Top Secret Rosies is the as-yet-untold story of women and technology that helped win a war and usher in the modern computer age. This is the chronicle of four very different women who worked as human computers at the University of Pennsylvania from 1942-1946. Capturing the opportunities and exhilaration of the times and exploring the moral dilemmas inherent in their work, Top Secret Rosies follows their efforts as they labored night and day to create the mathematical computations that made every Allied bomb and bullet more deadly.

Bonus Feature - Meet the documentary subjects in the film's trailer.

Tough Guise: Violence, Media & the Crisis in Masculinity (original version - 1989) (#WS-42)
Executive Producer, Director: Sut Jhally, 1989, 82 mins. U.S.


   While the social construction of femininity has been widely examined, the dominant role of masculinity has until recently remained largely invisible. Tough Guise is the first educational video geared toward college and high school students to systematically examine the relationship between pop-cultural imagery and the social construction of masculine identities in the U.S. at the dawn of the 21st century. In this innovative and wide-ranging analysis, Jackson Katz argues that widespread violence in American society, including the tragic school shootings in Littleton, Colorado, Jonesboro, Arkansas, and elsewhere, needs to be understood as part of an ongoing crisis in masculinity. This exciting new media literacy tool -- utilizing racially diverse subject matter and examples -- will enlighten and provoke students (both males and females) to evaluate their own participation in the culture of contemporary masculinity.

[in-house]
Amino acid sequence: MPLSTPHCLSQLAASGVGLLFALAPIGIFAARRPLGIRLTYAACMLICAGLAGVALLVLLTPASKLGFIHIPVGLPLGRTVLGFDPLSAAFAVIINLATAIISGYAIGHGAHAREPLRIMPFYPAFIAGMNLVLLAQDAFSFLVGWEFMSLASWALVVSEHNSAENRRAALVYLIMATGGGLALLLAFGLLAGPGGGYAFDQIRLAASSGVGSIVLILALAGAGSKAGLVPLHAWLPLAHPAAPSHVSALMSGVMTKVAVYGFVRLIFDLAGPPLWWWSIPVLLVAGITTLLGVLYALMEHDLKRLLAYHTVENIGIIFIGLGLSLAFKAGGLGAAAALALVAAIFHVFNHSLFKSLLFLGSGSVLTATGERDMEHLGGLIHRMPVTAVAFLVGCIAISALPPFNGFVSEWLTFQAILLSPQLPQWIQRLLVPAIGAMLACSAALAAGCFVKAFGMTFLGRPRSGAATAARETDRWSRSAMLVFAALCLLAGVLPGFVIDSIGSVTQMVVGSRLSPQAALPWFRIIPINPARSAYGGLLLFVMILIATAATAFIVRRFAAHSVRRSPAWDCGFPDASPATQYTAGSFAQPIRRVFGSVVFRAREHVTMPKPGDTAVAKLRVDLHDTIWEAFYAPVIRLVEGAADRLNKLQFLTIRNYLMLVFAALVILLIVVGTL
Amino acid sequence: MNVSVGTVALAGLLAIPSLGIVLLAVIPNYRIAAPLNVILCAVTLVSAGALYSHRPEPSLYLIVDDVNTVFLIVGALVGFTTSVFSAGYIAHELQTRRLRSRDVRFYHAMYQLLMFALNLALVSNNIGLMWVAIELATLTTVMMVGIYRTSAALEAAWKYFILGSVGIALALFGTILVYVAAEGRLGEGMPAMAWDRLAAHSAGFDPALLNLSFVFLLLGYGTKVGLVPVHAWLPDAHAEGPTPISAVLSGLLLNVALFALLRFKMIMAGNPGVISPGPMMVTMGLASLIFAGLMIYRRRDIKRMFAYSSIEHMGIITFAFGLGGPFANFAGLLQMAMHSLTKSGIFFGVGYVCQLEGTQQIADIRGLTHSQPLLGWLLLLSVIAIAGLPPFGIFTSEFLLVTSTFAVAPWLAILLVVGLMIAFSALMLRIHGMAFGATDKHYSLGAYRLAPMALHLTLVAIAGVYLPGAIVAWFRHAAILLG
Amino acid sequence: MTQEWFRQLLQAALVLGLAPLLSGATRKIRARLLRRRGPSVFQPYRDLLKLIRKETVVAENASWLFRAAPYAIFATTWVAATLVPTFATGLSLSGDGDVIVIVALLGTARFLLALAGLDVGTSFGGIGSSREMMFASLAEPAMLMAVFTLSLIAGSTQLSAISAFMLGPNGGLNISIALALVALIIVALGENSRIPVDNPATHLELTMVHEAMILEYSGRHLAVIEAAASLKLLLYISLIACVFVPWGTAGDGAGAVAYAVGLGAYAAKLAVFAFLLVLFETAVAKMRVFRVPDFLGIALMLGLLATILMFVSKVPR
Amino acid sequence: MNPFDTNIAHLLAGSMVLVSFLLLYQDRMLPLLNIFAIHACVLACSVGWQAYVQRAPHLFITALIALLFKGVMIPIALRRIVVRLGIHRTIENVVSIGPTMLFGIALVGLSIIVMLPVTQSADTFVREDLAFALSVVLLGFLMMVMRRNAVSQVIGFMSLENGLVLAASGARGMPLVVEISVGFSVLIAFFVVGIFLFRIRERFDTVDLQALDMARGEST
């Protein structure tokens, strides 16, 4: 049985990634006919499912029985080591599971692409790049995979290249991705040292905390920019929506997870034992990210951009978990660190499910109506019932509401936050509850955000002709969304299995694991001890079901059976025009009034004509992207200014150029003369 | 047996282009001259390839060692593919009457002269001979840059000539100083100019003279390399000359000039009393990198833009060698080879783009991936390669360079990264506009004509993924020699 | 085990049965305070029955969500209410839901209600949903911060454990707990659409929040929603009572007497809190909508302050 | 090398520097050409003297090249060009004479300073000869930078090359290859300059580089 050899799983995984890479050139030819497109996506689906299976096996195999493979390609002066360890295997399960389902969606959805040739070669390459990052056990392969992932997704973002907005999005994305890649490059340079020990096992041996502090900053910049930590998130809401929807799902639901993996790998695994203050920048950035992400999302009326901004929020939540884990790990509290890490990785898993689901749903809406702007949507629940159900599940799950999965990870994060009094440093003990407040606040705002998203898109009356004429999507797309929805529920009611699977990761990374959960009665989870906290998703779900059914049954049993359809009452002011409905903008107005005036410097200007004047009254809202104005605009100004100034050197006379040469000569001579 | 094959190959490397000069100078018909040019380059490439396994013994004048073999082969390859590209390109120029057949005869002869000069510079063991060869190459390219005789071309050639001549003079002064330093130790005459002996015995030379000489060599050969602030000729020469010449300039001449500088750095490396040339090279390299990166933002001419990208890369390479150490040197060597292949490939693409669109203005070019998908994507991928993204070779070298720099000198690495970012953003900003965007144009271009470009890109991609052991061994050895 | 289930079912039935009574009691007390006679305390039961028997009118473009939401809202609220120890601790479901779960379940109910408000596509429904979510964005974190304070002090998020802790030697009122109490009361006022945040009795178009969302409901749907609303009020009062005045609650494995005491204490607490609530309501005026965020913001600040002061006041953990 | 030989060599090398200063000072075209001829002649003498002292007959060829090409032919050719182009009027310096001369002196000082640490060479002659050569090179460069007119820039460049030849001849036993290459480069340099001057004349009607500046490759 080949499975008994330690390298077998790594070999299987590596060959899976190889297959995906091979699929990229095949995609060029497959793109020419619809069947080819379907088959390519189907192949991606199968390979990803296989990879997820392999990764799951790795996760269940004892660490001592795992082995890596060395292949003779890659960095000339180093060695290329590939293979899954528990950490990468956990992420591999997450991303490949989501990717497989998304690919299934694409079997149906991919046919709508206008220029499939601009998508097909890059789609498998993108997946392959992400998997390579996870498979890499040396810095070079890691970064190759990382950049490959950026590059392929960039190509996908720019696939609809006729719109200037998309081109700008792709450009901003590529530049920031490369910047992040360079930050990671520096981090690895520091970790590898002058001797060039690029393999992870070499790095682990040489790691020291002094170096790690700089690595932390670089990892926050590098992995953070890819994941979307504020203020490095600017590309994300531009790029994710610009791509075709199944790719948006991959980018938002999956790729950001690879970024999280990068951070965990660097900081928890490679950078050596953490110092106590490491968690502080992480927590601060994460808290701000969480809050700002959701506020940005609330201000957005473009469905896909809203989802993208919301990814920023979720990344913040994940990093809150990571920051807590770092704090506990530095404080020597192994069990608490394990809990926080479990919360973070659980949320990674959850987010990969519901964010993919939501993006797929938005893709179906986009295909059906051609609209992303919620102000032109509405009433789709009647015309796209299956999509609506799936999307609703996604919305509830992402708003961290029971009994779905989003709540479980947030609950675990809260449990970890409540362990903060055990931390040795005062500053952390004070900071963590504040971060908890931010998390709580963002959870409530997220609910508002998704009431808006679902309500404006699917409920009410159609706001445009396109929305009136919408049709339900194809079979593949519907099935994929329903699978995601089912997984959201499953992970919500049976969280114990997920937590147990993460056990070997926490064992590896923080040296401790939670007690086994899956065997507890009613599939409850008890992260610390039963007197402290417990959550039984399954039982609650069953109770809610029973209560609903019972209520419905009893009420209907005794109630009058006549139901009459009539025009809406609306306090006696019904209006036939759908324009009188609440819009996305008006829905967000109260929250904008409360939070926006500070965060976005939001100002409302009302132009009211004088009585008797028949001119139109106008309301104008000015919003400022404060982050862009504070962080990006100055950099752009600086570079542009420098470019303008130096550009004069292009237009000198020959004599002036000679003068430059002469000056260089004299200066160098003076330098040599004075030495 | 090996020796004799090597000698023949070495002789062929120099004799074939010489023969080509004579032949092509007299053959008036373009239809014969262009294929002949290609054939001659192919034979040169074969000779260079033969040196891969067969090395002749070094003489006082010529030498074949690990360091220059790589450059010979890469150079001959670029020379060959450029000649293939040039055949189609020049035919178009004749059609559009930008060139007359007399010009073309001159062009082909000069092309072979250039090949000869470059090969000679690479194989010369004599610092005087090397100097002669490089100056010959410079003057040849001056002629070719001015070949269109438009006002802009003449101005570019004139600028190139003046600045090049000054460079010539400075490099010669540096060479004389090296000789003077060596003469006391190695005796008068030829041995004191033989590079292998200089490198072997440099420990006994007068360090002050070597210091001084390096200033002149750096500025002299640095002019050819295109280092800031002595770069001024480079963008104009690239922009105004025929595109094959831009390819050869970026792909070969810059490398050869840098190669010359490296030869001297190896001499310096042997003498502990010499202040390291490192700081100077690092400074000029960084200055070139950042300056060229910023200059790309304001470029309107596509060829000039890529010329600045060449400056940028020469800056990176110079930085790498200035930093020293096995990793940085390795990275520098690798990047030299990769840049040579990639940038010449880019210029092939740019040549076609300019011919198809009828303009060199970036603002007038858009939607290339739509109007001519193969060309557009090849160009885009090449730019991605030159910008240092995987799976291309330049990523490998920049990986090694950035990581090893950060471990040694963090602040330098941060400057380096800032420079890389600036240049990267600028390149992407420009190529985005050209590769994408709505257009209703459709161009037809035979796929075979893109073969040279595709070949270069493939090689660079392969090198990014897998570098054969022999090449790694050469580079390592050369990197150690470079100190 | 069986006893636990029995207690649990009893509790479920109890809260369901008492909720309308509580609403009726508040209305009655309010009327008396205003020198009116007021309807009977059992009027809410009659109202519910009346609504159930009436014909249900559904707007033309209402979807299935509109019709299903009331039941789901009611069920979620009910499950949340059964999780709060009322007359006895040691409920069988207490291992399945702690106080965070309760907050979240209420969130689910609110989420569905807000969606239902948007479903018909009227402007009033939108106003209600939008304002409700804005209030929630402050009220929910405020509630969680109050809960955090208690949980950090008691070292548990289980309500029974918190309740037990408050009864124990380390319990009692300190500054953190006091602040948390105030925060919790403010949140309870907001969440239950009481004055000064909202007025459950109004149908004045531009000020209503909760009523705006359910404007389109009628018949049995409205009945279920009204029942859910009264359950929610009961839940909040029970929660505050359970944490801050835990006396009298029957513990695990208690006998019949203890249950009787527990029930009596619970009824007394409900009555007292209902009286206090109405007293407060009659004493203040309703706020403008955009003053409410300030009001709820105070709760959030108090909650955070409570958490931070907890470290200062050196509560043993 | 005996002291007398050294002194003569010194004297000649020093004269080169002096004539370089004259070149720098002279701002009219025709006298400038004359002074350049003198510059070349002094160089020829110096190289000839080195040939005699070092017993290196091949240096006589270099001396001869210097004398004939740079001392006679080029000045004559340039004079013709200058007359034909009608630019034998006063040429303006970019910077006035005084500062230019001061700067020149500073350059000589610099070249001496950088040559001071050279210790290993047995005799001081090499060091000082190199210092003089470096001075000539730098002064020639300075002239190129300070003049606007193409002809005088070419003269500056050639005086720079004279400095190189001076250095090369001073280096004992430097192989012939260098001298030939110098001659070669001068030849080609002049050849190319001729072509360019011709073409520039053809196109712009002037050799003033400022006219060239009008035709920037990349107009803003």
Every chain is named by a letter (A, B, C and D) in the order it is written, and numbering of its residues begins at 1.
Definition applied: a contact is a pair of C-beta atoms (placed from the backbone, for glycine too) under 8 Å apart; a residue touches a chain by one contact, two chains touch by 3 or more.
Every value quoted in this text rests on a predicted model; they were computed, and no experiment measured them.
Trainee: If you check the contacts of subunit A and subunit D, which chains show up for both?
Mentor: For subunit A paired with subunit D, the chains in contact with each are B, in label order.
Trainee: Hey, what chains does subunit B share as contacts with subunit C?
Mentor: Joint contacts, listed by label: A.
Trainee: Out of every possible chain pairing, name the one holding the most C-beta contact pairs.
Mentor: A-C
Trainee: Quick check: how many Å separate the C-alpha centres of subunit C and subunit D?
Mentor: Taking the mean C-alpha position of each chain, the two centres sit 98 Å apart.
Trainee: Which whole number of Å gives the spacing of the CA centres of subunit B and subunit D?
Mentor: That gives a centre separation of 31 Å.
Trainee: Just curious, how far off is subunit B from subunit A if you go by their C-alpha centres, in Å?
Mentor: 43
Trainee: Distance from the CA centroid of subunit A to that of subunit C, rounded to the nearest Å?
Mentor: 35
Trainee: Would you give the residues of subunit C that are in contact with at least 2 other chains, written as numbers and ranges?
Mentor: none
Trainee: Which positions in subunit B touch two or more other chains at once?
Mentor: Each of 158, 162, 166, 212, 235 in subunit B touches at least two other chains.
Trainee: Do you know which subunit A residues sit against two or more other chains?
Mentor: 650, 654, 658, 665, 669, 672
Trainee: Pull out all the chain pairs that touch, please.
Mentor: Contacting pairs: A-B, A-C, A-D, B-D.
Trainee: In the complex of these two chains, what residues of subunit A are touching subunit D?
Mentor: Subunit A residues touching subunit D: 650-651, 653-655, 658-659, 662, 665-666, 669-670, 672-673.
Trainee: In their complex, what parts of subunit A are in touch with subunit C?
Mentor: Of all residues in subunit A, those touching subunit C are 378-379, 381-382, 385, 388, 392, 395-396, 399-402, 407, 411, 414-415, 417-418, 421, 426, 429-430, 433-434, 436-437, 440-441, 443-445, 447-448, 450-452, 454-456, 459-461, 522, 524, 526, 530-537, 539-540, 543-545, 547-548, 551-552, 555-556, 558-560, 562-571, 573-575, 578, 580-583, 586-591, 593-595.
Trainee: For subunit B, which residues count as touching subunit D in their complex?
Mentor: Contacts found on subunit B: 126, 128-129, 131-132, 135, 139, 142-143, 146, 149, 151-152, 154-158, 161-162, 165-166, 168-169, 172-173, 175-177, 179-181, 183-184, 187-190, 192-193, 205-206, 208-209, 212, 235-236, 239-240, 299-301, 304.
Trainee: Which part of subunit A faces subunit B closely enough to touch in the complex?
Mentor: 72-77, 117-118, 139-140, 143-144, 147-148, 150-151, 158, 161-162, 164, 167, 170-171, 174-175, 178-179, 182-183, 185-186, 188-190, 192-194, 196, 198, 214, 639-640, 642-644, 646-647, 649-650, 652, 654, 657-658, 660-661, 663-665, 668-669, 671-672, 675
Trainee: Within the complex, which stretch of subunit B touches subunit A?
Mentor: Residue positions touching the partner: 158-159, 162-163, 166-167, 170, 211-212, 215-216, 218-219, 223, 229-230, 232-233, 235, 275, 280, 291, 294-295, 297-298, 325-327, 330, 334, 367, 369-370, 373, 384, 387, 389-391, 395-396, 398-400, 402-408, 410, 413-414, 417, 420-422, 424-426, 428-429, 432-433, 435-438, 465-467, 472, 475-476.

Sections: Introduction | Hidden: A Gender | Upping the Ante | Backlash | The Tough Guise | The School Shootings | Constructing Violent Masculinity | Sexualized Violence | Invulnerability | Vulnerability | Better Man.


Tough Guise II: Violence, Media & the Crisis in Masculinity (2013 updated version)  (#WS-87)
Executive Producer, Director: Sut Jhally, 2013, 78 mins. U.S.

   In this highly anticipated update of the influential and widely acclaimed Tough Guise, pioneering anti-violence educator and cultural theorist Jackson Katz argues that the ongoing epidemic of men's violence in America is rooted in our inability as a society to move beyond outmoded ideals of manhood.